The myocardium is the muscle layer of the heart, responsible for the heart's pumping action, which supplies the entire body with blood. The myocardium consists of cardiac muscle, a type of muscle unlike any other muscle in the body. Cardiac muscle combines features of skeletal muscle, which controls voluntary body movement, and smooth muscle, which controls the movement of all body organs other than the heart.
The myocardium is the middle layer of the cardiac wall; the outermost layer is the epicardium, while the innermost is the endocardium. The epicardium consists mostly of connective tissue and serves to protect the inner structures of the heart. The endocardium is a thin layer of epithelial cells, similar to that which lines the inside of blood vessels.
The cardiac muscle that makes up this structure is involuntary, like the smooth muscle in the body's other organs. Involuntary muscle is not under conscious control, and contrasts with voluntary skeletal muscle, which is attached to the skeleton and used for skeletal movement like walking and standing. Cardiac muscle is more similar in structure, however, to skeletal muscle than to smooth muscle. Both cardiac muscle and skeletal muscle are striated, meaning the muscle fibers are arranged into parallel bundles, and have alternating thick and thin protein filaments. Striated muscle is better suited to brief, intense contractions than smooth muscle.
While skeletal muscle fibers are arranged into regular, non-branching bundles, the muscle fibers of the myocardium branch at irregular angles, and connect to other muscle cells at junctions called intercalated discs. The cells that make up cardiac muscle are called cardiac myocytes, or cardiomyocytes. They also differ from skeletal muscle cells in that they require extracellular calcium for contraction to take place.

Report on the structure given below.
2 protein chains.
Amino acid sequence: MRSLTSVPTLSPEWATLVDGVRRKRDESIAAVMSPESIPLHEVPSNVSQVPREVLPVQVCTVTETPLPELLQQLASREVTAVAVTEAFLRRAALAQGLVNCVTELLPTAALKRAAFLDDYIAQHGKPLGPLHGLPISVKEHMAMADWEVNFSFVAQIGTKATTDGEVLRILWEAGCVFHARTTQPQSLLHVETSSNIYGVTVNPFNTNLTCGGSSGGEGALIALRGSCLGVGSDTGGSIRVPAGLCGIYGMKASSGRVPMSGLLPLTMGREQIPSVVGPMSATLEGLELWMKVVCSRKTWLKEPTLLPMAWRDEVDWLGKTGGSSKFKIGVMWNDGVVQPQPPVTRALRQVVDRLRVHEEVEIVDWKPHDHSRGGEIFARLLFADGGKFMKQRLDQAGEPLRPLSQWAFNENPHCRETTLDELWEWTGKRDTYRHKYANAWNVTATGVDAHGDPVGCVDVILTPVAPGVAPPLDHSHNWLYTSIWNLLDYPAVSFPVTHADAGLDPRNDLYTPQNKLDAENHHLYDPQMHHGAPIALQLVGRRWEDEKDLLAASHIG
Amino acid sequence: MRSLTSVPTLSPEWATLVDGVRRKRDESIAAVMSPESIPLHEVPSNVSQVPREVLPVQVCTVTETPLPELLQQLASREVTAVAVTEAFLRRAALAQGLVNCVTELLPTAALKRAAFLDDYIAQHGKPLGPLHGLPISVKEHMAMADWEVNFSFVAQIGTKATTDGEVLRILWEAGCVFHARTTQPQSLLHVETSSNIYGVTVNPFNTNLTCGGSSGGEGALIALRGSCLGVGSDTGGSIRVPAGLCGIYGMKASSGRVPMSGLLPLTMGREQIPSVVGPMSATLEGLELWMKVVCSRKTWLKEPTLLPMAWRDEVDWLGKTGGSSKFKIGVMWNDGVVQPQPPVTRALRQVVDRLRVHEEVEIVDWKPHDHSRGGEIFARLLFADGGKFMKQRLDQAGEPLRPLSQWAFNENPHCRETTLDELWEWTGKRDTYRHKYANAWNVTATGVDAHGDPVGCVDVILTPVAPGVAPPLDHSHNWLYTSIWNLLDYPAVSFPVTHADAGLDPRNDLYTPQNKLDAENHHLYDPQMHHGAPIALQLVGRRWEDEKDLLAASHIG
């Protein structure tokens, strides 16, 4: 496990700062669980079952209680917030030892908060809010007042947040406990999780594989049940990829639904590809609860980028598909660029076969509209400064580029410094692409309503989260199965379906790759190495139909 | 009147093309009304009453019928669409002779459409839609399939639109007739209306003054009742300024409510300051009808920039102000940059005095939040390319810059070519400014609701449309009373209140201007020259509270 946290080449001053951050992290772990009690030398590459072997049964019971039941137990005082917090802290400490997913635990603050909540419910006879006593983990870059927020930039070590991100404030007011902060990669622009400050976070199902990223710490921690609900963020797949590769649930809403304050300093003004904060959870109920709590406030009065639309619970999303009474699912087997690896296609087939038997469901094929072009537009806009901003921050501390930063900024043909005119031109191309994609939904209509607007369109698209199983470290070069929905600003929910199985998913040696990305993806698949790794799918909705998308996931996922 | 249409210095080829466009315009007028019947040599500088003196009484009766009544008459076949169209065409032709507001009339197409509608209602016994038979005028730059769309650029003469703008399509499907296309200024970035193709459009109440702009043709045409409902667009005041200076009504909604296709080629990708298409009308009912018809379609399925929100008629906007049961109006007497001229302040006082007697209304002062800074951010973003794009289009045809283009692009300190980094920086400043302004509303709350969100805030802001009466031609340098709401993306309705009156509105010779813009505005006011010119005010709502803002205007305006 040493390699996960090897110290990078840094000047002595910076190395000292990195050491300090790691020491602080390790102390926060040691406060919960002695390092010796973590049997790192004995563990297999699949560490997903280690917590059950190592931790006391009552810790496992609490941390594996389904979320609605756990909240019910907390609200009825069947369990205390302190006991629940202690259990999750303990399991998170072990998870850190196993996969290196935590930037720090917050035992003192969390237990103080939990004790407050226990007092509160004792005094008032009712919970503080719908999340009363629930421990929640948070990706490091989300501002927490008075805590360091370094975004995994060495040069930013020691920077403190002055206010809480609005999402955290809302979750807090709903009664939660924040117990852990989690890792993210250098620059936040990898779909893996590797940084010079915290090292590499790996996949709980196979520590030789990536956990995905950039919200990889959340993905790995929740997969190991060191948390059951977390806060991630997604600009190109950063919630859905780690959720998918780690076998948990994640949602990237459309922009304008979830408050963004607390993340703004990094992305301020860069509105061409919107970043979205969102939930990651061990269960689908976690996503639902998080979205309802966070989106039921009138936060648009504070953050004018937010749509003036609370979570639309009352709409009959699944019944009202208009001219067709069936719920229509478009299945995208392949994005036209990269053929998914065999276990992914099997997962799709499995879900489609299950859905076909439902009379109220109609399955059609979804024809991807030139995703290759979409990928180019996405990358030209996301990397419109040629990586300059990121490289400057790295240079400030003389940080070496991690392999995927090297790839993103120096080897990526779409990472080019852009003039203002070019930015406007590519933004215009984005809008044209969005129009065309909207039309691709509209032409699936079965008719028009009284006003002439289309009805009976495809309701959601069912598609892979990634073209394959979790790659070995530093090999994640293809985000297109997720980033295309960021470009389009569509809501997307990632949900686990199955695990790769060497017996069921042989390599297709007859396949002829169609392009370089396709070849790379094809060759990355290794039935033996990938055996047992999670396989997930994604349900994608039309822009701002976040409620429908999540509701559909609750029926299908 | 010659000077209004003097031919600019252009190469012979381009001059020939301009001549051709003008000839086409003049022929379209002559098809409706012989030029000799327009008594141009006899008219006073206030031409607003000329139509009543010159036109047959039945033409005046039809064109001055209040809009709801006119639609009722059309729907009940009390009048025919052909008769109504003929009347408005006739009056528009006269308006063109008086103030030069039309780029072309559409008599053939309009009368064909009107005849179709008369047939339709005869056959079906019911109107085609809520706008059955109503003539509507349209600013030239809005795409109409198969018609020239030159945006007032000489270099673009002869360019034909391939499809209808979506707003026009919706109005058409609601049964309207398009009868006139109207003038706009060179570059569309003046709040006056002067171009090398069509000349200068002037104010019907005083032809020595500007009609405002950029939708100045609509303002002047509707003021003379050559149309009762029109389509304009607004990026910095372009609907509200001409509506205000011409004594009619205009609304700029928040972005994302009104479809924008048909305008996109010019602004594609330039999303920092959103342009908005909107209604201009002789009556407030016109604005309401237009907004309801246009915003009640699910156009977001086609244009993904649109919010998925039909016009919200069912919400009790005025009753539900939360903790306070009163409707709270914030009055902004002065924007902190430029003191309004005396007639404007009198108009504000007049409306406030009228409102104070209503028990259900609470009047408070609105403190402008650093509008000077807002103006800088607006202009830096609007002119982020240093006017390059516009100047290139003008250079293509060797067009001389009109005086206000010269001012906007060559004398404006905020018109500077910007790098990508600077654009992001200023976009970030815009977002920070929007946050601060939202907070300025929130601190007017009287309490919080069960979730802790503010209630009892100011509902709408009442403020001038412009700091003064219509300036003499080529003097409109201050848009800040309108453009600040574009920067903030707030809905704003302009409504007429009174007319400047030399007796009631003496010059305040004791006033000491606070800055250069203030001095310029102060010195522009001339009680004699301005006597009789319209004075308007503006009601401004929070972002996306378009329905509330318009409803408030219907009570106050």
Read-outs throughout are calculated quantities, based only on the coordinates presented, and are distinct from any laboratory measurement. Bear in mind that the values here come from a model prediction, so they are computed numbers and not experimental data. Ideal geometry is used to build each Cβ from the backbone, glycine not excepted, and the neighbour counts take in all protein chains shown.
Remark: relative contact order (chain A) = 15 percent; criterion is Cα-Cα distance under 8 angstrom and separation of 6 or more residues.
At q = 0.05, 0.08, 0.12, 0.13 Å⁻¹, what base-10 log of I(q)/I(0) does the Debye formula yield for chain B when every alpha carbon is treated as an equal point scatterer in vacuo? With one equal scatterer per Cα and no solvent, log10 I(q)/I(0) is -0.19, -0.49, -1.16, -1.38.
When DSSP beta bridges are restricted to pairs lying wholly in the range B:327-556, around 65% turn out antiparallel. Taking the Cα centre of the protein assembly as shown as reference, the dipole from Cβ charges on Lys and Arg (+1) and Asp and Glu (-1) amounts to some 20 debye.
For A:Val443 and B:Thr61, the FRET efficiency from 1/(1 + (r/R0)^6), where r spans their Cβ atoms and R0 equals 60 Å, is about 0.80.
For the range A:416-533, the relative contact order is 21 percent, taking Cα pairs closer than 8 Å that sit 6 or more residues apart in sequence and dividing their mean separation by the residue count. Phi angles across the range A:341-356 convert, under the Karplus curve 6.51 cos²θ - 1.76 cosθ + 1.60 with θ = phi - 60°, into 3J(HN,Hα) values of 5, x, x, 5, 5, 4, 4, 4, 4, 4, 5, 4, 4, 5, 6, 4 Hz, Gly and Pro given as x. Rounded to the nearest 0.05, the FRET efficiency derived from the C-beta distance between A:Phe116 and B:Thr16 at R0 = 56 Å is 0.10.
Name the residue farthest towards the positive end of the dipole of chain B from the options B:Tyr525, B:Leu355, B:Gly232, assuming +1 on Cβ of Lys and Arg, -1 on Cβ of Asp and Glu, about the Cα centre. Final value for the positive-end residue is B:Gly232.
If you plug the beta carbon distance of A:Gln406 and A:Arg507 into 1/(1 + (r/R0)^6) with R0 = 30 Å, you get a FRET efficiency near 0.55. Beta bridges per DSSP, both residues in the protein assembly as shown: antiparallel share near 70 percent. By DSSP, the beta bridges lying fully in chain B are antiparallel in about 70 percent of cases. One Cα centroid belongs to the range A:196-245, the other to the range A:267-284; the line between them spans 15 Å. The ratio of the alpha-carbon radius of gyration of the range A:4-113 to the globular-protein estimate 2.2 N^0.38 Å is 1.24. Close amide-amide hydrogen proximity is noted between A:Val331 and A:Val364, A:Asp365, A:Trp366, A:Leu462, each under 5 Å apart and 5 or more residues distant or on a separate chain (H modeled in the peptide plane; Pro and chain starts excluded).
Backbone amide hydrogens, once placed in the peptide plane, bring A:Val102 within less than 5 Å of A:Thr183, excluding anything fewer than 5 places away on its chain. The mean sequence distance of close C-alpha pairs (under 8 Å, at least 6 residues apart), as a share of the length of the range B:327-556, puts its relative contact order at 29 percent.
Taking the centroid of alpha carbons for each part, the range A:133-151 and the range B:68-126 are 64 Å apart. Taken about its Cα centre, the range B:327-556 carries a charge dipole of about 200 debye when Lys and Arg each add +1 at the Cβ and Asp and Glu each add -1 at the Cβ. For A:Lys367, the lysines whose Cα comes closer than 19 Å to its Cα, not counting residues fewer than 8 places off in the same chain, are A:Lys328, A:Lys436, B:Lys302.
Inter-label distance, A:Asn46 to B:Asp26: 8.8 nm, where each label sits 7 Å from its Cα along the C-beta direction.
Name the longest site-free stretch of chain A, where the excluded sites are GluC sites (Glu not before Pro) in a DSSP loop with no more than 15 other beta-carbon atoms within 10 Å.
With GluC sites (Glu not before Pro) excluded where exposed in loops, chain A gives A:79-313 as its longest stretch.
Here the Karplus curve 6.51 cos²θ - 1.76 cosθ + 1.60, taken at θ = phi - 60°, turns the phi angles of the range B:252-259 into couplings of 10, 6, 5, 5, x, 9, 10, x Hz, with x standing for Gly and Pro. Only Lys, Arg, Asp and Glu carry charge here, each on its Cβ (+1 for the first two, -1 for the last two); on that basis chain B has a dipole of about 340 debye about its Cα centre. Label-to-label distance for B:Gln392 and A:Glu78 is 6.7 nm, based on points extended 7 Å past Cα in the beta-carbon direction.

The contractions of the myocardium are responsible for pumping oxygenated blood throughout the body, providing the body with the oxygen and other nutrients it needs to function properly. The heart muscle also pumps deoxygenated blood into the lungs so that it can be oxygenated again. After the blood has delivered oxygen throughout the body, deoxygenated blood returns to the heart, which in turn pumps the blood into the lungs. After the blood is reoxygenated in the lungs, it returns to the heart to be pumped throughout the body once again. Like all body tissues, the myocardium itself requires a blood supply in order to function; the coronary arteries supply the heart muscle with blood.